Evolution of the Strategic Alliance Network in the Global Information SectorDavid Knoke & Xi Zhu University of Minnesota SIENA Workshop Groningen University January 8-11, 2007 Thanks to the Ford Foundation, Digital Media Forum, and University of Minnesota for funding and to Anne Genereux, Song Yang, and Francisco J. Granadosfor research assistance.
Corporate Social Capital Social Capital Resources accruing to an ego actor through direct and indirect relations with its alters that facilitate ego’s attainment of its expressive or instrumental goals. Diverse conceptualizations of an actor’s social capital: • “inheres in the structure of relations between persons and among persons” (Coleman 1990:302) • “at once the resources contacts hold and the structure of contacts in the network” (Burt 1992:12) • “resources embedded in a social structure which are accessed and/or mobilized in purposive action” (Lin 2001:12) Corporate Social Capital (CSC)Social relations embedded in work-related organizational roles (e.g., workers, teams, executives, owners), not in their personal networks. “Corporate social capital, then, refers to: The set of resources, tangible or virtual, that accrue to a corporate player through the player’s social relationships, facilitating the attainment of goals.”(Leenders & Gabbay 1999:3)
CSC through SANs A firm’s ties to organizations in a strategic alliance network increases its probability of accessing and using the valuable CSC resources held by the firm’s partners, including their: • Financial resources, credit extensions • Knowledge, information, technologies/patents • Marketing expertise, country/culture penetration • Org’l statuses, corporate/brand reputations • Trustworthiness and low risk (moral hazards) Organizations aware of such CSC advantages may act strategically in pursuing new alliances, partnering with firms that maximize its CSC portfolio. At the field-net level, an evolving strategic alliance network comprises a collective CSC structure which simultaneously facilitates and constrains the opportunities for its member firms.
Strategic Alliance Networks Corporate social capital relations span multiple levels of analysis from individuals, to workteams, to firms, and organizational field network (Kenis & Knoke 2002). At the IOR level, repeated alliances generate a strategic alliance network form of CSC. Strategic alliance: at least two partner firms that (1) remain legally independent; (2) share benefits, managerial control over performance of assigned tasks; (3) make contributions in strategic areas, e.g., technology or products(Yoshino & Rangan 1995). Strategic alliance network “The set of organizations connected through their overlapping partnerships in different strategic alliances” (Knoke 2001:128; Todeva & Knoke 2002). Firms are closely tied to one another through many direct alliances or many indirect ties through third firms (i.e., partners-of-partners).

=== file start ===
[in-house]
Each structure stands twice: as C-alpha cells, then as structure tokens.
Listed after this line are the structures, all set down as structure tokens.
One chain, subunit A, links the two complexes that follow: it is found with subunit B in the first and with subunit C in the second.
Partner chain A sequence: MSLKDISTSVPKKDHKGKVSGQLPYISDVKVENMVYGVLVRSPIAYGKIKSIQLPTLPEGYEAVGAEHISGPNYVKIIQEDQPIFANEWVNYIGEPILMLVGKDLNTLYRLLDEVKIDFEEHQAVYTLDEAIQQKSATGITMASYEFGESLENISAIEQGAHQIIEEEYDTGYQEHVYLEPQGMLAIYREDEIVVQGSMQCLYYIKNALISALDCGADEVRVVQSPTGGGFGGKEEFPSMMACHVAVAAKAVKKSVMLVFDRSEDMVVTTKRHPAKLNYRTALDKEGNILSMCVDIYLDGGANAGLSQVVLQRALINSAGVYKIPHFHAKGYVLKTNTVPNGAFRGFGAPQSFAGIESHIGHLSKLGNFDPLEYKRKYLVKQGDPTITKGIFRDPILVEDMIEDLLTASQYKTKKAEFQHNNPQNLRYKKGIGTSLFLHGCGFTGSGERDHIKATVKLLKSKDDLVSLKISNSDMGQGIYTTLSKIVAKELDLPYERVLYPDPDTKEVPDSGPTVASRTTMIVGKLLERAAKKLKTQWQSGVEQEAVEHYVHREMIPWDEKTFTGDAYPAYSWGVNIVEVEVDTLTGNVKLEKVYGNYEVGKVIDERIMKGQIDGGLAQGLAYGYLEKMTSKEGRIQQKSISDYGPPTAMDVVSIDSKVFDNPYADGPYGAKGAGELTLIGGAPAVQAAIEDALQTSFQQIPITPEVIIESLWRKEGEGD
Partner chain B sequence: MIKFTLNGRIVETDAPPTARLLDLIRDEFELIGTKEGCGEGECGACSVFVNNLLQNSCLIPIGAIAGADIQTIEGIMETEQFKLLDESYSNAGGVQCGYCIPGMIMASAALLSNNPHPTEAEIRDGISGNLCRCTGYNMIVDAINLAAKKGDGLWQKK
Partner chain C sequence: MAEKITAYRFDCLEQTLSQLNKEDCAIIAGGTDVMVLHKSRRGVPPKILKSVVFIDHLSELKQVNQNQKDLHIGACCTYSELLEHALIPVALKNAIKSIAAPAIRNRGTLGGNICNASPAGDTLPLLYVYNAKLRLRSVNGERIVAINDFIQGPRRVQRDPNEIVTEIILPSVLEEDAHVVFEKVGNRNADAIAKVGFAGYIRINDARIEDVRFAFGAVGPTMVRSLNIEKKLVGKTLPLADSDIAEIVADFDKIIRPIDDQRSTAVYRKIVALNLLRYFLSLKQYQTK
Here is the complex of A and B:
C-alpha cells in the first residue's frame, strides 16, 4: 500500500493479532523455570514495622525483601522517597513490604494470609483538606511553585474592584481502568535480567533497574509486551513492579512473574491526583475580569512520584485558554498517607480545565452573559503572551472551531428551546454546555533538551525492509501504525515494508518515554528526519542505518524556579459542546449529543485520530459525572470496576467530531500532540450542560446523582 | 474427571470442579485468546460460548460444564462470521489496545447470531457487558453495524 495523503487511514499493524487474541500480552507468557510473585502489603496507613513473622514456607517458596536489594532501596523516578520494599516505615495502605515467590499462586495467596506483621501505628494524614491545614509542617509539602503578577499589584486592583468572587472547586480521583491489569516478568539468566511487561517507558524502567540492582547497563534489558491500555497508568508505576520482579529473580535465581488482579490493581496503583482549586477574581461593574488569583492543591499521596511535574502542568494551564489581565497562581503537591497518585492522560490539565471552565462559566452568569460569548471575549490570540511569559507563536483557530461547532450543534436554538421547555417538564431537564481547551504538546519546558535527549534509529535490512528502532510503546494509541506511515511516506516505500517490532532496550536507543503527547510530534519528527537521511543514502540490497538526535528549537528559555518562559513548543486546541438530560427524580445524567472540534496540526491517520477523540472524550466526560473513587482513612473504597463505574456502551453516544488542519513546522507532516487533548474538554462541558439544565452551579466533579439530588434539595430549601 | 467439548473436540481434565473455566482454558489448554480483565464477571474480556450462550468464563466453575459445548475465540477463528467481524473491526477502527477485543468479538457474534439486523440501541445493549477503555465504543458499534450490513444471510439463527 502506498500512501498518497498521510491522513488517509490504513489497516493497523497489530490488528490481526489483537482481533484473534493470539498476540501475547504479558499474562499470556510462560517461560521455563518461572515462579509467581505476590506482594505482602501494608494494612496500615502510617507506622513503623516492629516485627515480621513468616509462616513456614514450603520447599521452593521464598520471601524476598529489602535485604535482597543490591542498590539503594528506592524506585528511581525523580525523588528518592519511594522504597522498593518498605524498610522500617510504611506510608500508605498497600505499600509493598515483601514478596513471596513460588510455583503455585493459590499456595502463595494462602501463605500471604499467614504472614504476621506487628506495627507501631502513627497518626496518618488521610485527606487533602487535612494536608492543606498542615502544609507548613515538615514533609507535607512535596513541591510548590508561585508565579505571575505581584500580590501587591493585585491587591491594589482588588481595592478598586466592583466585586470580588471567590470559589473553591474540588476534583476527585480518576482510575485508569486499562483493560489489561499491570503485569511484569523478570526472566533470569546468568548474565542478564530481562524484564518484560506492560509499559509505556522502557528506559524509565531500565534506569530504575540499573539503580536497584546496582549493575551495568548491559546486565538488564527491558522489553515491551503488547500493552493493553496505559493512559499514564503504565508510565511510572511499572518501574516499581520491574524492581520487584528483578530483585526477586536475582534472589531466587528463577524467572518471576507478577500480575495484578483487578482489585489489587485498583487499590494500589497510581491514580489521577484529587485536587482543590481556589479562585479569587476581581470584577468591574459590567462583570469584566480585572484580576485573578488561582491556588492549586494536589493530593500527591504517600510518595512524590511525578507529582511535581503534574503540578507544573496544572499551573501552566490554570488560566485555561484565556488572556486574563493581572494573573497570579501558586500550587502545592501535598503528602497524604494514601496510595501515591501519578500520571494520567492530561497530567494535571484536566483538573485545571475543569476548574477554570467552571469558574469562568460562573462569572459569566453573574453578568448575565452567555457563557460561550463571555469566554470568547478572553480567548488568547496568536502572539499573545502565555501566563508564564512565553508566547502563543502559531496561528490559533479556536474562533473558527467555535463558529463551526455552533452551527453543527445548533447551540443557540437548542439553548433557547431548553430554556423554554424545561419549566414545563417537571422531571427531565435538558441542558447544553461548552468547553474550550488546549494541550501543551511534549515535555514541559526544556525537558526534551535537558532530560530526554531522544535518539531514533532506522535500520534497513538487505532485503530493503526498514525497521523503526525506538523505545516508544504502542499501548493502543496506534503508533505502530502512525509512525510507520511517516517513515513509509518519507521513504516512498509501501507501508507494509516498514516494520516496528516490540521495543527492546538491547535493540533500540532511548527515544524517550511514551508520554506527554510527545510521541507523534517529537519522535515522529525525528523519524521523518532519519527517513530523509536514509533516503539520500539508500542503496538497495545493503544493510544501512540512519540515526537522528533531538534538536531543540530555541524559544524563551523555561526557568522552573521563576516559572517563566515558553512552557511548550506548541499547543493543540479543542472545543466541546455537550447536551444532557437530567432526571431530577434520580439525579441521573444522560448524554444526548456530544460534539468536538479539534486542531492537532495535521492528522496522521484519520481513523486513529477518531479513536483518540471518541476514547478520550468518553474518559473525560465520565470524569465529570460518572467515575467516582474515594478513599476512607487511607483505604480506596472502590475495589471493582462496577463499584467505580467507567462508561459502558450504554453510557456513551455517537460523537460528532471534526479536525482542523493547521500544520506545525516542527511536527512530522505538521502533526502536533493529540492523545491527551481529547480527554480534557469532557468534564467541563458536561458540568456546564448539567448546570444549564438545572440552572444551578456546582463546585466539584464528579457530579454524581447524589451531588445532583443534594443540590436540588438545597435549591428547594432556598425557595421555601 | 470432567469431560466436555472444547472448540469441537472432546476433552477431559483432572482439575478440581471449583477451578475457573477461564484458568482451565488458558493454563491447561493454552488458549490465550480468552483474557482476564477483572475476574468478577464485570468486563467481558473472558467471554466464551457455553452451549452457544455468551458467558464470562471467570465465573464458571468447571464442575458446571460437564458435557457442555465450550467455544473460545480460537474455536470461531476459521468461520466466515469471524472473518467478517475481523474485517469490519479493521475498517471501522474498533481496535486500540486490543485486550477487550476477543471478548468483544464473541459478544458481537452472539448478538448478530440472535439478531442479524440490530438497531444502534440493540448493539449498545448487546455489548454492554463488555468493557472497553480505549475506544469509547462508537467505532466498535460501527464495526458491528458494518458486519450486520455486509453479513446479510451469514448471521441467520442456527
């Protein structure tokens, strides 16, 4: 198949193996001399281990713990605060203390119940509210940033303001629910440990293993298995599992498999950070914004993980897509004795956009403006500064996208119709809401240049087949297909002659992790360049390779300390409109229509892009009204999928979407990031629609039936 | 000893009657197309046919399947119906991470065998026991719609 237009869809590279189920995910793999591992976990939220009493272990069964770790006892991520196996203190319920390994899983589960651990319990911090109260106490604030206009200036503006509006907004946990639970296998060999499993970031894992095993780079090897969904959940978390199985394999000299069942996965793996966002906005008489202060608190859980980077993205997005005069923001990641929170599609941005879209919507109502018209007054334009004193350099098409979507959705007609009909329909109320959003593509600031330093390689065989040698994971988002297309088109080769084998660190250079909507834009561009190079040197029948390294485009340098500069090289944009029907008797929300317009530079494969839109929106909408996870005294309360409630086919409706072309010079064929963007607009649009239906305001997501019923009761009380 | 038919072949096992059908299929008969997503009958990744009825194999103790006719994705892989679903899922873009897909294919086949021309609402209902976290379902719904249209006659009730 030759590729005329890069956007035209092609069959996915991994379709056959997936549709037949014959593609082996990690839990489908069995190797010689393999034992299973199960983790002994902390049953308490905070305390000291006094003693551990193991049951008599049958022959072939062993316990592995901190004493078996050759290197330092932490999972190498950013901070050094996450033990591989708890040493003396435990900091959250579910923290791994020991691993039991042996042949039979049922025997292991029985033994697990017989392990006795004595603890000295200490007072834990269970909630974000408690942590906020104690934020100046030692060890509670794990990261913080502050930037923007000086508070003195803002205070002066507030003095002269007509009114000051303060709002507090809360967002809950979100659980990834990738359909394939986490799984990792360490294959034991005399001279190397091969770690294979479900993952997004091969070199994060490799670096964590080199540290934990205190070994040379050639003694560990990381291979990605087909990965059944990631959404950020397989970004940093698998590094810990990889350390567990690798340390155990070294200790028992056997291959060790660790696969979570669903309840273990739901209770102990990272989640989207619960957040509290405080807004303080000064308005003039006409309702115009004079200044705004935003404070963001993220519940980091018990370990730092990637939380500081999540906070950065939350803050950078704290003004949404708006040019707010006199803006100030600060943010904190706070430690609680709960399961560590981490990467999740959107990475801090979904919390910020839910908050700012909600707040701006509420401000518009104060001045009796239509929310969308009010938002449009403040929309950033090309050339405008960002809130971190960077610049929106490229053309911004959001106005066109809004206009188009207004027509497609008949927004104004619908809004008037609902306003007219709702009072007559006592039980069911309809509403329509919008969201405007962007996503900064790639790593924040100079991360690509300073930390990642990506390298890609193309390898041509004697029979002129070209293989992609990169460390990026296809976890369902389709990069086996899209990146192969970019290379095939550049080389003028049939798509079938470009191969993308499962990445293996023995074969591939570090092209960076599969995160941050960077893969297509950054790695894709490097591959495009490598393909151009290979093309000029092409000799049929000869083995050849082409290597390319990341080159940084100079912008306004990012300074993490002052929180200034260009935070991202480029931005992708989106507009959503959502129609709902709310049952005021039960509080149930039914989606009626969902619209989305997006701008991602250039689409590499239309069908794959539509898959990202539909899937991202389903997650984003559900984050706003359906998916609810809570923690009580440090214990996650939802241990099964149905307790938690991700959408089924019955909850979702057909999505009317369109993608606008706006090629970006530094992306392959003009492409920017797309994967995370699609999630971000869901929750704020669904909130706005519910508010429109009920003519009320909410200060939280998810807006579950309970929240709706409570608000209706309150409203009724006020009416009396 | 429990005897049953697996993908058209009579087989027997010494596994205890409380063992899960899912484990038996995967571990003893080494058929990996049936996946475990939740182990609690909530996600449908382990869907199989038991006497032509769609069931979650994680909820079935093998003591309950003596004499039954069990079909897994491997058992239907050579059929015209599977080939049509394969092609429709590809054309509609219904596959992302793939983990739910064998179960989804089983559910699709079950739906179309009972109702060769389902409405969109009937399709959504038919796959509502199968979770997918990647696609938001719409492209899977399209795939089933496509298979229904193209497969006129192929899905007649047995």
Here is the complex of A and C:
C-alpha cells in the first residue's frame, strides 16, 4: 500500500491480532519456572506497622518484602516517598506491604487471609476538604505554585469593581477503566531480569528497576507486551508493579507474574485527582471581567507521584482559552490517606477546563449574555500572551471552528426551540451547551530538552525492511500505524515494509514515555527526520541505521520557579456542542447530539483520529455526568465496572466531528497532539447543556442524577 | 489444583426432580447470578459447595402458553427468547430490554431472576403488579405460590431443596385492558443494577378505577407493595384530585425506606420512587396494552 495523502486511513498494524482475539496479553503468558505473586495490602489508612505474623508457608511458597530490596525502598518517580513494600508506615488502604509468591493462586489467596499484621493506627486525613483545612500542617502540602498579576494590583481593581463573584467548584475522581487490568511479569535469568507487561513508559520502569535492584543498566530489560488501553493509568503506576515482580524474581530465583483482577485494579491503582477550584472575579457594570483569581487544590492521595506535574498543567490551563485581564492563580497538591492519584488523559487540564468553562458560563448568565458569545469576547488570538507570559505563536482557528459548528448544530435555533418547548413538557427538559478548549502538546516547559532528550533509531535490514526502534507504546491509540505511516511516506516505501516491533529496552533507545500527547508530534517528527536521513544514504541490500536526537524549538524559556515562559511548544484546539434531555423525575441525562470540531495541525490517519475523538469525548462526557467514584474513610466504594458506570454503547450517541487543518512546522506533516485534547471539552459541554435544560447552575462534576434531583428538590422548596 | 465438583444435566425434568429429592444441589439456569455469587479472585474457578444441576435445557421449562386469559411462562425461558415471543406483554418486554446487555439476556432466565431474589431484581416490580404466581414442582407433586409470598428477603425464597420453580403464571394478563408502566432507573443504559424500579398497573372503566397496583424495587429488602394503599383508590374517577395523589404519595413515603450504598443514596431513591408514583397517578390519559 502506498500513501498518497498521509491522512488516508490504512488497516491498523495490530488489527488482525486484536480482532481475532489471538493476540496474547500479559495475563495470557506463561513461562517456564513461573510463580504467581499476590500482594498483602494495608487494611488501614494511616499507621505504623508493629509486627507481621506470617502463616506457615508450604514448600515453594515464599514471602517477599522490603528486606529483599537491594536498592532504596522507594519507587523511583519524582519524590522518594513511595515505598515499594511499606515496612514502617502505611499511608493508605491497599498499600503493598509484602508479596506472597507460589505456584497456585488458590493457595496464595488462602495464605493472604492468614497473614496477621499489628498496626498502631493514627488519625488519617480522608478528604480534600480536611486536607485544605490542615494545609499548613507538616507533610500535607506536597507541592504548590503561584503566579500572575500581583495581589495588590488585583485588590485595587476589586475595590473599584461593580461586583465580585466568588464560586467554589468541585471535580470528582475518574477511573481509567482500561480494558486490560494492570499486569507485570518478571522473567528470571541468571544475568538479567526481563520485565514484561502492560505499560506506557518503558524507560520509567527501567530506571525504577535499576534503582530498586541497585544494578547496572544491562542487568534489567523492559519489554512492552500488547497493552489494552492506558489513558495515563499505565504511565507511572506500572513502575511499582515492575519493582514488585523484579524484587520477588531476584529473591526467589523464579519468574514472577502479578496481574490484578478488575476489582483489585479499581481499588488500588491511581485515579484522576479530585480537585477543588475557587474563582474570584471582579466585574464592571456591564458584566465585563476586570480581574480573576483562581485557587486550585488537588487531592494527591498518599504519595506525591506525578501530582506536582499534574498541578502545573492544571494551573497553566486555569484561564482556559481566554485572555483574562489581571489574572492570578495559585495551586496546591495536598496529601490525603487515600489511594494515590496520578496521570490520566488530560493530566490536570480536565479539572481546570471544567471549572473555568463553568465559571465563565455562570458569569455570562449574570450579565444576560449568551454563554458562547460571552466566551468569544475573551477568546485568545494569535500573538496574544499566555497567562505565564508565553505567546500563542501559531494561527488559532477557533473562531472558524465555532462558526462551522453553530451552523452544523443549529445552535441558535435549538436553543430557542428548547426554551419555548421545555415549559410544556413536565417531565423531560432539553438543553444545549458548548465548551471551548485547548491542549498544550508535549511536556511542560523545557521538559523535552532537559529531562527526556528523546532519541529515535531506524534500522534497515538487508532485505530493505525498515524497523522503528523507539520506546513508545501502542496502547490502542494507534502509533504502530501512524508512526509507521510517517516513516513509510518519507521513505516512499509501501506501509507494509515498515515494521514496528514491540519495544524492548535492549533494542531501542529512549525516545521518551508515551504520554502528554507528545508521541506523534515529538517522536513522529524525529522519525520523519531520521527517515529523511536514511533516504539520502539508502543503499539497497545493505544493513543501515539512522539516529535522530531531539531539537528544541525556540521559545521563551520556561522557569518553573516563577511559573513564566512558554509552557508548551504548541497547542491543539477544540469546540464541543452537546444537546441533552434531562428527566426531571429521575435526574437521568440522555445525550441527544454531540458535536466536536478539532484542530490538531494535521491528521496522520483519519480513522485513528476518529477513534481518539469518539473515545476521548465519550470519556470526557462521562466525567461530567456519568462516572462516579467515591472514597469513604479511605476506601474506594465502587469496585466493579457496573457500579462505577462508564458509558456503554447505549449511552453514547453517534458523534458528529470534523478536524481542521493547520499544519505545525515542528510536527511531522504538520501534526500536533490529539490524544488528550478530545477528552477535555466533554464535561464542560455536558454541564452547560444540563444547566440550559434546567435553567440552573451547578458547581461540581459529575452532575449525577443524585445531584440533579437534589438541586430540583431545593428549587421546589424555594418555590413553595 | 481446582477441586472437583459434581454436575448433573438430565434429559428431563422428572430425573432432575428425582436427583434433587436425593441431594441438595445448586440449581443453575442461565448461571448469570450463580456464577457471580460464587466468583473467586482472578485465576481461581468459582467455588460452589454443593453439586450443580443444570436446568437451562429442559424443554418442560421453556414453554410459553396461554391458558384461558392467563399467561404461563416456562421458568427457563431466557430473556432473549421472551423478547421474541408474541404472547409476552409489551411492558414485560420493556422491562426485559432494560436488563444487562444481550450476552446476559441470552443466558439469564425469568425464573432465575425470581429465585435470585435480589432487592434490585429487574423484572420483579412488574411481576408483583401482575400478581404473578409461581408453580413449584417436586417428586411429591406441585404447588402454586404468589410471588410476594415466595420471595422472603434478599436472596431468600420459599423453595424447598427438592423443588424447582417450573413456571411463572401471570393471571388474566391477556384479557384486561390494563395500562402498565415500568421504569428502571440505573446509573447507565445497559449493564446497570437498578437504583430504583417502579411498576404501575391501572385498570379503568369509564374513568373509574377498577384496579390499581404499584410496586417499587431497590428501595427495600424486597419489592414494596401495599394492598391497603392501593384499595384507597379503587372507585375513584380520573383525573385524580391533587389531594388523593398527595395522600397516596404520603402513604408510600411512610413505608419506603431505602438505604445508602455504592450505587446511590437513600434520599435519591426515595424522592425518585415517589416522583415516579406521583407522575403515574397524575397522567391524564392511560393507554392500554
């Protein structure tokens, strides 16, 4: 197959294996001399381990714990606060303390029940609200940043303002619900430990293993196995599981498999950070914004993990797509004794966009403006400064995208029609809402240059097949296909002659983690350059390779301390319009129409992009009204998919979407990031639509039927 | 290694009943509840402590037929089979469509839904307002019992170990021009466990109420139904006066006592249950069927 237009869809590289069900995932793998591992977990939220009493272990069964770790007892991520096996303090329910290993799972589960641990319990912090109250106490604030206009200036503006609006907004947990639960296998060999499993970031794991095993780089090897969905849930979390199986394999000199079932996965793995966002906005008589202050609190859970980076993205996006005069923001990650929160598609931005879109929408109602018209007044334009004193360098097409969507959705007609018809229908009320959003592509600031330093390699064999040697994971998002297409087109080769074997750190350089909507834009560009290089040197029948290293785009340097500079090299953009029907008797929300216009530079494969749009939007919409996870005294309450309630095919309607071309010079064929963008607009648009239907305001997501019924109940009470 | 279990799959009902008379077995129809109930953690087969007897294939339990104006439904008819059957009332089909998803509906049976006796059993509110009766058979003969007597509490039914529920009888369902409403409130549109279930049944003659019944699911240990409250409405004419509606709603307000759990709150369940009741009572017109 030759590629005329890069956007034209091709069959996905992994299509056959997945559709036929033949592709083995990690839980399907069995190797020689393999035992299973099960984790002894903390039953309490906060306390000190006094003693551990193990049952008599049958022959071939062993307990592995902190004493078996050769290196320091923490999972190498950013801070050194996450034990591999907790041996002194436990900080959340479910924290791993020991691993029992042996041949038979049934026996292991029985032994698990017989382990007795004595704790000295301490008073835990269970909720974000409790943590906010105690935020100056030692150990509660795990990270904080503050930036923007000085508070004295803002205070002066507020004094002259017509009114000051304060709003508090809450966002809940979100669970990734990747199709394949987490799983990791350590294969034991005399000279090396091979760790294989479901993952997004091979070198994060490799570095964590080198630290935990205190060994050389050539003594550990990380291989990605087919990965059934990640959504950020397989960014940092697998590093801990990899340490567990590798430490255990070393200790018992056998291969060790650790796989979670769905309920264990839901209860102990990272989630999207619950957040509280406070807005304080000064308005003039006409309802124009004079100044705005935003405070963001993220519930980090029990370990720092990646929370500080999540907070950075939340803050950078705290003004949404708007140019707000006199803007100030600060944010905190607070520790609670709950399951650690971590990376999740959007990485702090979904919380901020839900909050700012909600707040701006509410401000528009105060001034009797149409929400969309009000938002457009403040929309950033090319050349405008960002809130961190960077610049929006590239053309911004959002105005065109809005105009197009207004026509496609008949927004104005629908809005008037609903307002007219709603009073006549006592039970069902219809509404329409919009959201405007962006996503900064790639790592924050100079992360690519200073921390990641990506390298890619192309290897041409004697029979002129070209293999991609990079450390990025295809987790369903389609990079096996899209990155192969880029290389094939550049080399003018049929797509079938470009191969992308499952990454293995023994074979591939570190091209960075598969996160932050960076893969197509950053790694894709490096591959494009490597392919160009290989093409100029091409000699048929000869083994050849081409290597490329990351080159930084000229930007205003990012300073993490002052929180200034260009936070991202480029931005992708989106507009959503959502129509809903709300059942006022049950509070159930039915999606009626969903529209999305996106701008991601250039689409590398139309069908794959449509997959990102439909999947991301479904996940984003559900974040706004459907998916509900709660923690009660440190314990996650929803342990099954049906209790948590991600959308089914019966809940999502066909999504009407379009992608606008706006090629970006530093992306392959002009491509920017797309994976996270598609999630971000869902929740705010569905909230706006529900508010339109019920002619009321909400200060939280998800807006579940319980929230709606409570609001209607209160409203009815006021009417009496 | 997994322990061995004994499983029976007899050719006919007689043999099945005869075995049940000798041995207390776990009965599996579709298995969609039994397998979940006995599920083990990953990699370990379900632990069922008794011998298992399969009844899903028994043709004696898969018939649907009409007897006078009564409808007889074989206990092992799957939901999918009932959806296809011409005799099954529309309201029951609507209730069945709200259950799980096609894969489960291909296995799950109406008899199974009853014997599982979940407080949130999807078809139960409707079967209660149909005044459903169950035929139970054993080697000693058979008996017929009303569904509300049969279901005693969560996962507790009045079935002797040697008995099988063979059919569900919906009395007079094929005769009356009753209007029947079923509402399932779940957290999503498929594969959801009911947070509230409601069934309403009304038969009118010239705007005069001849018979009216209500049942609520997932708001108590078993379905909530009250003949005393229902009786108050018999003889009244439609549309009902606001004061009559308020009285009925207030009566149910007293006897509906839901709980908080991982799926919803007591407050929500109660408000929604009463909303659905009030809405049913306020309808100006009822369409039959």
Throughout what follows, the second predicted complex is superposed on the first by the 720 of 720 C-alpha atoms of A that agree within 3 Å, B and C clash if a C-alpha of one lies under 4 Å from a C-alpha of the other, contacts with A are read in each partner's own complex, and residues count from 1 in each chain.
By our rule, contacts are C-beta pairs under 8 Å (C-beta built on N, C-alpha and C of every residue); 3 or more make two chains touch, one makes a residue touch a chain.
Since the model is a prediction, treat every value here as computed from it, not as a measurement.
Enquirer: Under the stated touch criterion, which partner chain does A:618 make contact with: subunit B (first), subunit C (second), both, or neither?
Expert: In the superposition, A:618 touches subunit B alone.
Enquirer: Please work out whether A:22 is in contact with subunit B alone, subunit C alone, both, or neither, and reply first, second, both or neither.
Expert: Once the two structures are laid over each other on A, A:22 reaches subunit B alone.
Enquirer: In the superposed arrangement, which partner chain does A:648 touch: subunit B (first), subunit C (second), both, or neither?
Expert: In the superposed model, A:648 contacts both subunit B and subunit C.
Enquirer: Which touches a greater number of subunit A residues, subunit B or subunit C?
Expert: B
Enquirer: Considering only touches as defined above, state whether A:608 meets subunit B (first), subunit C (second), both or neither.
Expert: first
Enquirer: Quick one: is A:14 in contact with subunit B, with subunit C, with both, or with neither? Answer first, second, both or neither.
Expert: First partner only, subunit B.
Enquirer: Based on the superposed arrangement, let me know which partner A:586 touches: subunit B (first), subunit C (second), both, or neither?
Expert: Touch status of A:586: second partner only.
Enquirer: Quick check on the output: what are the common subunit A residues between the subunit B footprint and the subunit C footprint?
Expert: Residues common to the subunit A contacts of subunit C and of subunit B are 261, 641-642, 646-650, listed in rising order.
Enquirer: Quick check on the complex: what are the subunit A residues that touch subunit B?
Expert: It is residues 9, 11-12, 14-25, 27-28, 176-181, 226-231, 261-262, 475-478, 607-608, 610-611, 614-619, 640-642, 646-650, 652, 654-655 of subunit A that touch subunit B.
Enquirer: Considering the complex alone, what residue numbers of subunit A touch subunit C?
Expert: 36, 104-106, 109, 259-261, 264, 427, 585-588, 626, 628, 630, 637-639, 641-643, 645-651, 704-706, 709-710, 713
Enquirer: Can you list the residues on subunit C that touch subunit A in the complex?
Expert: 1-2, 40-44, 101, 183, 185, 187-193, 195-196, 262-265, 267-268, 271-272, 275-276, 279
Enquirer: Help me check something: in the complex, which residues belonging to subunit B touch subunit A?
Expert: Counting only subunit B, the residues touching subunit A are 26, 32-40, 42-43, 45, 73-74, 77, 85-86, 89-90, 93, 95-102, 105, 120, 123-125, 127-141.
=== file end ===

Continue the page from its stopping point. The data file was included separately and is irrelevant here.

Global Information Sector Basic CSC concepts could help to explain the evolution of the strategic alliance network in the Global Information Sector (GIS). This sector increased collaborative agreements exponentially 1989-2000, creating a complex web of overlapping partnerships. • Five NAICS info subsectors (publishing; motion pictures & sound recording; broadcasting & telecomms; info services & data processing) plus computer, telecomm, semiconductor manufacturing industries • 145 multinational corporations: 66% USA, 16% Europe, 15% Asia • Alliance & venture announcements in general & business news media from 1989 to 2000 • Total of 3,569 alliances involving two or more GIS organizations (some alliances include noncore partners)
Research Hypotheses Three types of H’s about network evolution involve changes in global structure, partner choice, and organizational performances. H1: Network Structural Change:The GIS SAN evolved from a fragmented small world of specialized cliques toward preferential attachments to key producers, and then to structurally cohesive connectivity. H2a: Transitivity:Firms are more likely to form new alliances with other organizations that result in transitivity. H2b: Balance:Firms with a specific number of partners are more likely to form new alliances with other orgs having an identical or very similar N of partners. H2c: Indirect Relations:Firms are more likely to form new alliances with other organizations to which they are linked by numerous indirect connections. H2d: Similarity / Interdependence:Firms are more likely to form new alliances with other organizations that having similar / complementary attributes.